Chris Schwarz's Blog

Bench Progress Report (In Case my Boss is Checking)

In between editing stories, answering calls and e-mail, and trying to tie up a few loose ends for Woodworking in America (the Toolmakers’ Dinner is two weeks from today – yikes!), I’ve managed to sneak into the shop to cut the leg mortises for what I’m calling the “Petite Roubo.” Actually, it’s going to end up a little bit larger than Chris’s 18th-century Bench, but will likely weigh less. This one is out of Eastern white pine, and his latest bench has a thick cherry slab on top (we don’t definitively know what species the legs are). Chris says a workbench simply can’t be too heavy. The one I’m working on right now is, after the conference, destined for the study on my second floor. I’m guessing that after helping to haul it up a flight of stairs, he might change his tune on that weight statement. (Or maybe he’s planning to be out of town on moving day.) Anyway, I’m faithfully following his directions. The joinery in this bench is exactly the same as in the 18th-century Bench , but mine isn’t cut wholly by hand. I’m not a masochist (nor have I eaten enough Wheaties), and there’s simply not enough time. I used the 17″ band saw to cut the extents of the mortises, and, after a less-than-satisfying experience with mortise chisel waste removal on the first leg (I need to regrind and sharpen my mortise chisel; not enough slice, too much tear), I removed most of the waste on the remaining three legs with the 14″ band saw. I then chiseled out the remaining waste…and still got a little tear out (but it won’t show, and it won’t matter). And yes Chris, I first chiseled a V-notch, and worked in from both sides. I still need to cut the corners off to make the four massive dovetails, but they’re marked and ready to go. Now I simply must screw my courage to the sticking-place, and make those handsaw cuts. I should probably cut some wedges now, just so they’re ready. - Megan Fitzpatrick – If you want complete instructions, a video, tons of photos and plans for building the 18th-Century Bench (you can use tailed tools – I won’t tell!), check out Chris’s DVD. – The 18th-century Bench is also included in our newest book, “The Workbench Design Book” (along with complete plans for eight other benches,Ã?  “before-and-after” drawings for 10 more, the latest info on vises and workholding, and more). This book arrives in the warehouse on Sept. 22 , until then, it’s on pre-order sale for 20 percent off (it goes to full price once the book is in).

9 thoughts on “Bench Progress Report (In Case my Boss is Checking)

  1. James Watriss

    That’s the hassle of working with white pine… no fault of your mortise chisel. It’s easier to cut into a surface that’s rigid without tearout. Less so when the wood supporting it is spongy and springy, like pine, instead of rigid like cherry. When the chisel goes into cherry, the fibers are kept more or less in place, and lacking the ability or inclination to move when pushed by the chisel, they can shear. When the chisel goes into pine, the fibers are softer, and they get pushed around, they deform, and the wood supporting them deforms, and it will eventally catch and tear off, but not as cleanly. It’s not worth regrinding a mortise chisel to an angle steep enough that it would slice through before the pine could react.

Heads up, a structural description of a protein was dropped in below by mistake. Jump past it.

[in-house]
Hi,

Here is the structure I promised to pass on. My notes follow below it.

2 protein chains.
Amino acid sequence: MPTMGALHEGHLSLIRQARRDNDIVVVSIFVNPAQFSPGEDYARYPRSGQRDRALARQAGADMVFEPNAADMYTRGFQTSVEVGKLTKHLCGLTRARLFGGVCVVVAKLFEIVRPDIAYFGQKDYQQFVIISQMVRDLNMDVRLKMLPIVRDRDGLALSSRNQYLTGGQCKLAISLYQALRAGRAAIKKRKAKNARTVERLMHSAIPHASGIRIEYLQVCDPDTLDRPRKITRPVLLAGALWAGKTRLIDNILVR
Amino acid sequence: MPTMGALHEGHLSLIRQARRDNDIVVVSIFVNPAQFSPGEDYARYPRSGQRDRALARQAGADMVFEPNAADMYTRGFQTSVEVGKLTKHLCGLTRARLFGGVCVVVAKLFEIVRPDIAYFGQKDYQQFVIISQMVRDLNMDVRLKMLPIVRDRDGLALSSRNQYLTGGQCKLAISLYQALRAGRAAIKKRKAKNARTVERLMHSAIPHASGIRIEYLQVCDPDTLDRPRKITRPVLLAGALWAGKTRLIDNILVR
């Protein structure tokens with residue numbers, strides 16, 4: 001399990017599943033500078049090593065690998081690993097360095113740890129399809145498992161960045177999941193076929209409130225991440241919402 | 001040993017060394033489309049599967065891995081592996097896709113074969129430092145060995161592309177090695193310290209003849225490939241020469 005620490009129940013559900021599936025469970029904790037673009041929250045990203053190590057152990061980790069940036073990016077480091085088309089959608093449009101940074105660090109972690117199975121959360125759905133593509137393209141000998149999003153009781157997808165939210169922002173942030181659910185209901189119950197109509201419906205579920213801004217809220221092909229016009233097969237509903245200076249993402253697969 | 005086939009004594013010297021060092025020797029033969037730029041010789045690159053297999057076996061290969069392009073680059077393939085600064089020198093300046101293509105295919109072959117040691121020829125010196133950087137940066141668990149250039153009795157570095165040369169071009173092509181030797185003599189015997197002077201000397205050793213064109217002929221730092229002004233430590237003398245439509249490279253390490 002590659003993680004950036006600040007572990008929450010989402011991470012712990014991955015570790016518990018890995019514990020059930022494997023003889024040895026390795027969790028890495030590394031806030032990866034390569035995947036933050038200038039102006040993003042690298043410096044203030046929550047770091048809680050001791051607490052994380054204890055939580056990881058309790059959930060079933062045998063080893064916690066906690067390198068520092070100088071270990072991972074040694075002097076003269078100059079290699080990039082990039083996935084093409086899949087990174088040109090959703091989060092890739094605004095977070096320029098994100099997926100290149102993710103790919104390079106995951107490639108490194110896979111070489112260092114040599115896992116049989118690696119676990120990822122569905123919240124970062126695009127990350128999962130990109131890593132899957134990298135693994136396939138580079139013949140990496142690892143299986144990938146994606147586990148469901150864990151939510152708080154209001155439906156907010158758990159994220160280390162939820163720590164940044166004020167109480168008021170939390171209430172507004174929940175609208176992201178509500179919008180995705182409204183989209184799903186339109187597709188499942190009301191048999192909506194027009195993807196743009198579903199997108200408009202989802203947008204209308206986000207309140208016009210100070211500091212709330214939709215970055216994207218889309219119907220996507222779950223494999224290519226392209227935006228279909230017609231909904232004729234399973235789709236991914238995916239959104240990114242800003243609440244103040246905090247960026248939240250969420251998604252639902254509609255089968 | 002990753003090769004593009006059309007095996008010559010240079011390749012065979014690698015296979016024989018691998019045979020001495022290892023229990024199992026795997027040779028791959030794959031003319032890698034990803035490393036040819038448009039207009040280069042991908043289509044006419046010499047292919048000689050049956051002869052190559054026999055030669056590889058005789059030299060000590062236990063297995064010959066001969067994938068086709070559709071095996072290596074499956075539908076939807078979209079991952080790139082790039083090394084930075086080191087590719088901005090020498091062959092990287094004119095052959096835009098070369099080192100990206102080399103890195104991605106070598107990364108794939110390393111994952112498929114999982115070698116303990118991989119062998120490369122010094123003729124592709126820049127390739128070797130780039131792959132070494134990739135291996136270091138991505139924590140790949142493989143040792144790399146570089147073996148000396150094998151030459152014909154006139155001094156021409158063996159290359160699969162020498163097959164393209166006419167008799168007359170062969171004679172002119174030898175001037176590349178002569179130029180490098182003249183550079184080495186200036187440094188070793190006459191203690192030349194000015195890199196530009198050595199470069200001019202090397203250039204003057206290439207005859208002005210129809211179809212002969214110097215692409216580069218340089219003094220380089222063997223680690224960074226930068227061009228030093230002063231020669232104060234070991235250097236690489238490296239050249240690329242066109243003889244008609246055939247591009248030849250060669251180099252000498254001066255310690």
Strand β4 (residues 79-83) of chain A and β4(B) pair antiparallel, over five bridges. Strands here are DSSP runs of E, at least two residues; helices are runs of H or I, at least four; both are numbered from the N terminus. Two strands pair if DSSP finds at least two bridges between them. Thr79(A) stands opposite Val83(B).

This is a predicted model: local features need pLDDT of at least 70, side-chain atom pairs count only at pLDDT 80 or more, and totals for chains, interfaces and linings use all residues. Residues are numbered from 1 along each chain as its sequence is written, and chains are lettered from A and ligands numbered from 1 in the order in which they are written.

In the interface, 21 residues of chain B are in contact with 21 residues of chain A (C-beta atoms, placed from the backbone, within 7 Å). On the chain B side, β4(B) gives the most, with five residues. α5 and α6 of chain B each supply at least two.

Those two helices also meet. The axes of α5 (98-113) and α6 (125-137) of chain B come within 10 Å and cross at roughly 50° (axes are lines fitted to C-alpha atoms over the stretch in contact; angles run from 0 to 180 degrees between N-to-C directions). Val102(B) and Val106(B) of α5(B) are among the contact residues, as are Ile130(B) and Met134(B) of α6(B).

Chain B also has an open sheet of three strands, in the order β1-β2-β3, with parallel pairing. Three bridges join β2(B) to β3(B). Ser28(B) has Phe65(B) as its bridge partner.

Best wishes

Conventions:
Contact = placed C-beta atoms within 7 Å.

2. Peter Baines

    I understand now – didn’t factor in the lazy element – there wasn’t so much of it around in the 18th C so I guess it wouldn’t have been applied too much.

    I’m all for it if your making anything using 20th C techniques. There’s laziness just lying around for anyone to grab so we may as well employ it in our work.

    Take me for instance. Here I am just typing away while looking at pictures of bevel edge chisels and wondering why James Krenov: Worker in Wood is so expensive. It can’t be that good can it?

  3. Megan

    But Peter, I’m lazy! The band saw is faster than me with a brace and bit (though I’ve had some practice with them).

    Guy, Glen’s a monster – I have no doubt he’ll get the machine set up in time…even if it’s just minutes before ;-) And of course, we’ll all help out.

    Gye, if we weren’t needing this bench at the conference, I’d do exactly as you suggested. But, I don’t want a knockdown bench, and it has to be fully operational for a few day before we haul it up my stairs (and who am I kidding – I’m hoping to "direct" as the big, burly guys do the lifting…we’ll see how that works out!)

  4. Guy Forthofer

    You’ll certainly be busy getting that bench finished in the next two weeks, but I’m more concerned abount Glen. I noticed the unopened boxes of the General table saws in the top photo. Somebody better snap those bands and start putting those things together.

  5. Peter Baines

    Too late now, but a brace and bit still falls within the 18th C limit of tool usage. A sharp augar bit in there used to remove the waste upto the shoulder line of the mortise will remove a good portion of that waste.

    Is’nt hindisght a b1tch

  6. Chris F

    For a quick-and-dirty sharpening on your mortise chisel you could always just use a power sharpener. (Blasphemy, I know.)

    A 1×42 belt sander with 6-micron abrasive works well, as does a hard felt wheel with honing compound. I’m sure you guys have one or the other in the shop there…

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